The Millennial Revolution: We Have the Potential to Change Politics

But only if we get past the neighborhood clean-up crew—and effect change in City Hall

Simon Van Zuylen-Wood, 24

Simon Van Zuylen-Wood, 24

Fueled by pathetic voter turnout and anecdotally observed apathy, the narrative about young people in Philadelphia—so-called “new Philadelphians,” especially—is that they don’t care about local politics.

“The city is attracting many young, highly educated transplants that read the New York Times instead of the Inquirer and don’t know who their City Councilperson or Congressional representative is,” says 31-year-old City Paper reporter Dan Denvir, a highly educated transplant himself. But it wasn’t so long ago that Philadelphia was positively giddy about a new generation of politically engaged 20-somethings.

In 2001, Philadelphia Weekly ran a cover story about an enterprising 22-year-old named Andrew Hohns: “The Boy Who Would Be Mayor.” Hohns ran twice for state rep against Babette Josephs, losing by a few hundred votes in 2004. Two years later, 25-year-old Tony Payton Jr. won a seat in the General Assembly over a party-backed candidate. In 2007, the City Paper published a series of stories on the city’s new political reformers, one subtitled “Who Are These Strange Beings Who Want to Save City Hall?” Behind many of those faces was the city’s yuppie political lobby, Young Involved Philadelphia (YIP), which Hohns co-founded, and the Center for Progressive Leadership (CPL), the political incubator from which Payton emerged. served as the official forum of the movement.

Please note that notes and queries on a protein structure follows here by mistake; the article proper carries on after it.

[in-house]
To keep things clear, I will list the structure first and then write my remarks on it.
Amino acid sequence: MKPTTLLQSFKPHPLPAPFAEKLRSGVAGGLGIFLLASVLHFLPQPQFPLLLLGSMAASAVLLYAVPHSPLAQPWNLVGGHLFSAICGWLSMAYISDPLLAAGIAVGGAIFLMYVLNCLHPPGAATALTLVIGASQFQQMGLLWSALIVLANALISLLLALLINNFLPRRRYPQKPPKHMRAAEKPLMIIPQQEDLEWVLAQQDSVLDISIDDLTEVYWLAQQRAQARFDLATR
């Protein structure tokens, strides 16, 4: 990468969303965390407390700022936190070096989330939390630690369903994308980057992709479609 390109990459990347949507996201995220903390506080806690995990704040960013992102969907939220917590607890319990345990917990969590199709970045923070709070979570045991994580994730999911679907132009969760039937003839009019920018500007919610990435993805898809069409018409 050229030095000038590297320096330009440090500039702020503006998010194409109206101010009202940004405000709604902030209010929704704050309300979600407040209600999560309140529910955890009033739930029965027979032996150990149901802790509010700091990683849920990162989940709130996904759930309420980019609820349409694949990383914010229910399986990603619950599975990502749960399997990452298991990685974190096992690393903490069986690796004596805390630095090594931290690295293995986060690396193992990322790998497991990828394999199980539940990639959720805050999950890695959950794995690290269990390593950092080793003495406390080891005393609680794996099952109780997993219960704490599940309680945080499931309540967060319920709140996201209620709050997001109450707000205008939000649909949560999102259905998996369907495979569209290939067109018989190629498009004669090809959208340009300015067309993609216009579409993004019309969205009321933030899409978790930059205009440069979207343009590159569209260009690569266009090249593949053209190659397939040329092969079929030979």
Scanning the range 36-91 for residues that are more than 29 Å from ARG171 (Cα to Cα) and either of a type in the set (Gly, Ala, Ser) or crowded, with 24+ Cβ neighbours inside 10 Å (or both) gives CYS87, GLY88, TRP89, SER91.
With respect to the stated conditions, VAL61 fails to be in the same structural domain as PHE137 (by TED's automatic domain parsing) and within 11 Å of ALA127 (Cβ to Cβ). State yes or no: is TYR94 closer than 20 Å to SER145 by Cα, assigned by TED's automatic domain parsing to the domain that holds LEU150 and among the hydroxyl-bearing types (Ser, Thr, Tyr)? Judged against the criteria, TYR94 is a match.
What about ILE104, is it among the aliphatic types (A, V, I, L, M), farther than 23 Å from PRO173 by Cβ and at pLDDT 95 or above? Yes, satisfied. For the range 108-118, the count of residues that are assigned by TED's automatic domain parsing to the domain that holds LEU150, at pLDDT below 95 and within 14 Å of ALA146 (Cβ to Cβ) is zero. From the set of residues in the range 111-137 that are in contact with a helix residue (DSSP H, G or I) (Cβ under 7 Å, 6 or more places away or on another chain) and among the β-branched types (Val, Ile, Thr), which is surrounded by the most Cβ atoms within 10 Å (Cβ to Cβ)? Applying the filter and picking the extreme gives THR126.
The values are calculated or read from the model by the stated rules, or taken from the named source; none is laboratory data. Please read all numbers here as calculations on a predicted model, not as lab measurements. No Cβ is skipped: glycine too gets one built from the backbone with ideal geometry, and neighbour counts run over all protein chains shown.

Today, much of that infastructure has crumbled. YIP has shifted its focus from politics to civic engagement (or “happy hours,” as erstwhile YIPster Greg Heller, 32, puts it). CPL is no longer in Pennsylvania, and has been dormant since last February. The roster of idealistic, reform-minded millennial political candidates stands at roughly zero. What happened?

Millennials bristle at heuristics about their tendency toward easy gratification and entitlement—the result of a trophies-for-everyone upbringing that discourages unglamorous political work. But while there are holes in that argument—one can certainly find young, bright Philadelphians working in politics—there is some truth to it.

Many millennials just can’t stomach the depressing compromises and horse-trading necessary to actually impact politics. “There’s a mysticism about ward politics,” as 31-year-old Pennsylvania Young Democrats president Danny Bauder puts it. And it has all but ensured that “new Philadelphians” stay mostly powerless.

But there may be a better explanation, one that has less to do with barriers keeping millennials from the halls of power than with the barriers that have already been broken down. Many of the young progressives and good-government types who emerged in the mid-2000s were galvanized by the Bush administration’s conservatism and cronyism. From Philly for Dean and came the coalition that helped elect District Attorney Seth Williams and Mayor Michael Nutter.